deadline: November 15, 2013
deadline: December 2013
An overview about all proposal submission deadlines of the PSI facilities can be obtained here.
Facility newsSLS: Proprietary shifts available through Swiss Light Source Techno Trans AG (SLS TT AG)
The main goal of the SLS TT AG is to facilitate industrial use of the Swiss Light Source. If you are not an expert in a particular technique or you are unsure of which technique is best suited for your application(s), we can help you. Our Mission is to coordinate any and all services for industrial/proprietary users - we want to be your one stop shop! Read more.
SINQ: New CAMEA Spectrometer
As joint venture with the Laboratory for Quantum Magnetism (LQM, EPF Lausanne) construction of the new spectrometer CAMEA (Continuous Angle Multiple Energy Analyzer) has started, which will be installed as option at the current RITA-II instrument at SINQ. This new spectrometer will be particularly suited for parametric studies under extreme conditions requiring restrictive sample environments such as high magnetic field magnets or pressure cells, and for experiments on small samples of novel materials. The novelty of the CAMEA design is that it employs a series of several upward-scattering analyzer arcs. This design allows each analyzer to collect neutrons over different energy ranges and a large solid angle that are measured simultaneously by position sensitive detectors. In a single data acquisition an entire constant-energy line in the horizontal scattering plane is recorded for a quasi-continuous angular coverage with tremendous gains in data collection rates. The project is financed by the R'Equip program of the Swiss National Science Foundation, EPF Lausanne and PSI.
SμS: Direct access to μSR analysis computer and raw data from outside PSI
A new computer (musruser.psi.ch) has been installed at PSI to allow μSR facility users to access their raw data and to perform data analysis using the MUSRFIT package without the necessity to have an own user account at PSI. This computer is especially intended to provide new users with all necessary analysis tools which are easily accessible from their home institutions. Interested users are asked to contact their instrument scientist for the login information.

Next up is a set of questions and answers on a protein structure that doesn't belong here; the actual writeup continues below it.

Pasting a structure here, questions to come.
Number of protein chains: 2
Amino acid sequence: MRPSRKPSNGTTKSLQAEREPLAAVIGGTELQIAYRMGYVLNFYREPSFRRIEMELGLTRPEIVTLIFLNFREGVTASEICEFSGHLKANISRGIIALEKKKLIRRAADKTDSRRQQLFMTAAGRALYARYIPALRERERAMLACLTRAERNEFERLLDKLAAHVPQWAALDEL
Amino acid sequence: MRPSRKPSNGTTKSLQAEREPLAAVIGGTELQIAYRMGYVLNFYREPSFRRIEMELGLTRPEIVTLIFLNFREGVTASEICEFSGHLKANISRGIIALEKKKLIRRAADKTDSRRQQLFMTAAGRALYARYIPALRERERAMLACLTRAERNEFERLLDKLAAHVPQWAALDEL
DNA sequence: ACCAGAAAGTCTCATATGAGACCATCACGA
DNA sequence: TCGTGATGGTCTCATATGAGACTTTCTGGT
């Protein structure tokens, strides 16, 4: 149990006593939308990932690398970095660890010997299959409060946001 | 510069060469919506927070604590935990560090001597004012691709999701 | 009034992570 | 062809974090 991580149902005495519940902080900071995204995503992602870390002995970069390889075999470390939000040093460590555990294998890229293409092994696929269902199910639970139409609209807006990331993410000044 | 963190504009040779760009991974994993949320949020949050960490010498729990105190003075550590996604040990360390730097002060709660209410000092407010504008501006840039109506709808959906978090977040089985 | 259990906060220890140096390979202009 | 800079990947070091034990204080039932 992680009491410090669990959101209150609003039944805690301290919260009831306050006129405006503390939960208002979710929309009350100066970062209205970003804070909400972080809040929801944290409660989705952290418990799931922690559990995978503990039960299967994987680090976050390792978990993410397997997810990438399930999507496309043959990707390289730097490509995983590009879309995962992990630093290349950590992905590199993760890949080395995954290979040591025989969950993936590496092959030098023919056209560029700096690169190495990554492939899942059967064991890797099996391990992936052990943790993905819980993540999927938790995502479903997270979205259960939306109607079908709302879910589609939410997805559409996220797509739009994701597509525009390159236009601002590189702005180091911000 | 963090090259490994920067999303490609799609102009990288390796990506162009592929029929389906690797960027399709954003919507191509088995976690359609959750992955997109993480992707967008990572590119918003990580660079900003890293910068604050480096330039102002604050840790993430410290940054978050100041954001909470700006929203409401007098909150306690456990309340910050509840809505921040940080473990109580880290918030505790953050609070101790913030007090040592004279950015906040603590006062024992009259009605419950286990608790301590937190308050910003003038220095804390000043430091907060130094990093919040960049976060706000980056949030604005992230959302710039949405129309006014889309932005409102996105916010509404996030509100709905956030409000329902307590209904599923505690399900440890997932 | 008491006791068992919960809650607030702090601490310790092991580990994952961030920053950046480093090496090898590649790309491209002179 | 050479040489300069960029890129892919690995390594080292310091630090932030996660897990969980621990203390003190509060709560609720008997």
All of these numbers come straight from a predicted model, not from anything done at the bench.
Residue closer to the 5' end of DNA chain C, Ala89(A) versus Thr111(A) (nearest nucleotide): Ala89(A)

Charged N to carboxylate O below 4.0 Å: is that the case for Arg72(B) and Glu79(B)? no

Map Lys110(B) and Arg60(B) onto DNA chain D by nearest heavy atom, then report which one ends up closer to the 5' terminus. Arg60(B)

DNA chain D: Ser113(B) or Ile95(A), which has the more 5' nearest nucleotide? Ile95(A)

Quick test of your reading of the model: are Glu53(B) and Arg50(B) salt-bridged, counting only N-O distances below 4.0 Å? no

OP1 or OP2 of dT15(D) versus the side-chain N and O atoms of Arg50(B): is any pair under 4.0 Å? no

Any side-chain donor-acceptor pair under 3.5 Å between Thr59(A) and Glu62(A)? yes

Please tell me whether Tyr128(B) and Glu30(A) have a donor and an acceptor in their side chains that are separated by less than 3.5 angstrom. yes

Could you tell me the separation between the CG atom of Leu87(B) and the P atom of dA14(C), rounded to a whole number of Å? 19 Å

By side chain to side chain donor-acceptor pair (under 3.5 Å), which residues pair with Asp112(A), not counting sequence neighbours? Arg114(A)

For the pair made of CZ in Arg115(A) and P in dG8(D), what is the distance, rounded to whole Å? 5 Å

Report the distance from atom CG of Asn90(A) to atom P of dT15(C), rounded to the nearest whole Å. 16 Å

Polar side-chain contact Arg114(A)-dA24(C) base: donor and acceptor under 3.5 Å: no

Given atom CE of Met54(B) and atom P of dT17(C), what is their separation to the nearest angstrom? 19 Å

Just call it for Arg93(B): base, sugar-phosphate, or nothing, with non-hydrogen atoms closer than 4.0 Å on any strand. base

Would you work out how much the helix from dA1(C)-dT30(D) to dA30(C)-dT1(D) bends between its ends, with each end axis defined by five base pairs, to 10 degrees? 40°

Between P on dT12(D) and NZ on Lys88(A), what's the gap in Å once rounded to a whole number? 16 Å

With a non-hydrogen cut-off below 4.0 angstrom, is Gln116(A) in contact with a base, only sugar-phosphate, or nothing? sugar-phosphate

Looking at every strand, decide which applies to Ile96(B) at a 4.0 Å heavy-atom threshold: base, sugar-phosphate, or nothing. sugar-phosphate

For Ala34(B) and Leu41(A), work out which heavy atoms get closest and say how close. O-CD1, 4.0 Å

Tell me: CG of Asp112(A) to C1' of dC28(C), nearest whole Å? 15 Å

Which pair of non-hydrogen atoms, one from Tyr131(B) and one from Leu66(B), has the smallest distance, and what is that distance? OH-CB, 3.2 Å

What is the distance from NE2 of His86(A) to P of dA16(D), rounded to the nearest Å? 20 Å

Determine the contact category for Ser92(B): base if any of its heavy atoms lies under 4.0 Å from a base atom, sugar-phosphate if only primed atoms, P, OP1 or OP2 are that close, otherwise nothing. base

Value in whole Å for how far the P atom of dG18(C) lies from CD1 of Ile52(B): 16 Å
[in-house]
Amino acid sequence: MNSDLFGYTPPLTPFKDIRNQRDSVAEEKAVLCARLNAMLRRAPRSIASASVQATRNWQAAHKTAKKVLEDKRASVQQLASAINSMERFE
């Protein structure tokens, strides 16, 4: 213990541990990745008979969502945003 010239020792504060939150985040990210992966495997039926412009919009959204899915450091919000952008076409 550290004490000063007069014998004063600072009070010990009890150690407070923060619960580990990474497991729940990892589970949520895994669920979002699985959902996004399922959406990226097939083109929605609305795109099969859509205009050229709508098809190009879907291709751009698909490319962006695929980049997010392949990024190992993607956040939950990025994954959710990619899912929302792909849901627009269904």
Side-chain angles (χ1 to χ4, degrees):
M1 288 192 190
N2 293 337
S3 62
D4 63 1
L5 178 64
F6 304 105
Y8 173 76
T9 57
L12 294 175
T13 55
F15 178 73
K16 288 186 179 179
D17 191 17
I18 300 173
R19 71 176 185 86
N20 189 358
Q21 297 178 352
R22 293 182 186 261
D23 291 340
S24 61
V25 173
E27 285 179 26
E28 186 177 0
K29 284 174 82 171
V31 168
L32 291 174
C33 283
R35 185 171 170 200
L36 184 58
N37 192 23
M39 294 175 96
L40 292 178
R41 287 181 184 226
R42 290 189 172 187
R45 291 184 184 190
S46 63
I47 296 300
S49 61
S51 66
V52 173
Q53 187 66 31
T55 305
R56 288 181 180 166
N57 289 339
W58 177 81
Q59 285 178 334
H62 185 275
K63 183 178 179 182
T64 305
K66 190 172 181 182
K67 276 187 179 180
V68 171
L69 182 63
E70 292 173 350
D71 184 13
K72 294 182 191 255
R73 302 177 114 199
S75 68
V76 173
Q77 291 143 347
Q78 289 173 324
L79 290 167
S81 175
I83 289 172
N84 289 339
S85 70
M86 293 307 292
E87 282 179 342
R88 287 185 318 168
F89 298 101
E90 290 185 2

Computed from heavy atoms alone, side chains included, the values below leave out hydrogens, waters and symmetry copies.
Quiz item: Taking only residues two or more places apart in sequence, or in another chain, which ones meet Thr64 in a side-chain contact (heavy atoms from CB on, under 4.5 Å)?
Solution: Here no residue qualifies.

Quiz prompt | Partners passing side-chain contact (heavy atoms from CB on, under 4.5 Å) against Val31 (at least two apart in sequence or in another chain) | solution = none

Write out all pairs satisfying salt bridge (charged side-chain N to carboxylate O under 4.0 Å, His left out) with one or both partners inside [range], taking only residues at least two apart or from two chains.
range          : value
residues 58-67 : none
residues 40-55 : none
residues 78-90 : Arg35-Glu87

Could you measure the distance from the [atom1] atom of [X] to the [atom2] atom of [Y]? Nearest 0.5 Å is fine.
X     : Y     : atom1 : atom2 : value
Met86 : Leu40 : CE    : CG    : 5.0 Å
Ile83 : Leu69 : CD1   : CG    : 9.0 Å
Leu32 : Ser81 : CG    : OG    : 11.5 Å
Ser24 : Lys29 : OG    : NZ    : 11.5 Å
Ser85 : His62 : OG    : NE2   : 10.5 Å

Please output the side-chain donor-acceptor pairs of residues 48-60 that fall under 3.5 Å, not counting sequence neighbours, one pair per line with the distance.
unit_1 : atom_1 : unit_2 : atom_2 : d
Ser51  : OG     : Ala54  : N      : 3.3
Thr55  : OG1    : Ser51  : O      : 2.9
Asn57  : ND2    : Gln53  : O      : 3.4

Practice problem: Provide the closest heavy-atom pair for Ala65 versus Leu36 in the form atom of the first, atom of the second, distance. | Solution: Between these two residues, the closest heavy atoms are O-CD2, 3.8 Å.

SwissFEL: SwissFEL foundation stone ceremony
On the 3rd of July 2013 the SwissFEL foundation stone ceremony took place at the Paul Scherrer Institute. Around 130 guests from politics, science and industry were participating, read more.
Upcoming eventsGISAXS 2013: Workshop on Grazing Incidence Small Angle X-Ray Scattering
October 7-9, 2013, Hamburg, Germany
JCNS 2013 workshop: Trends and Perspectives in Neutron Scattering: Magnetism and Correlated Electron Systems
October 7-10, 2013, Tutzing, Germany
HZG Autumn School 2013: Application of Neutrons and Synchrotron Radiation in Engineering Materials Science
October 7-11, 2013, Ammersbek, Germany
X-ray lasers in biology: at The Royal Society
October 14-15, 2013, London , UK
SoXRES-2013: International workshop on Soft X-ray Resonant Elastic Scattering
October 14-16, 2013, Synchrotron SOLEIL, France
Workshop on Mott Physics Beyond the Heisenberg Model in Iridates and Related Materials
October 27-31, 2013, Monte Verita, Switzerland
6th Annual School on Advanced Neutron Diffraction Data Treatment using the FULLPROF suite
November 18-22, 2013, Grenoble, France
PSDI 2013: Protein Structure Determination in Industry
November 21-22, 2013, Luzern, Switzerland
SCNAT Annual Congress 2013: The Quantum Atom at 100 - Niels Bohr's Legacy
November 21-22, 2013, Winterthur, Switzerland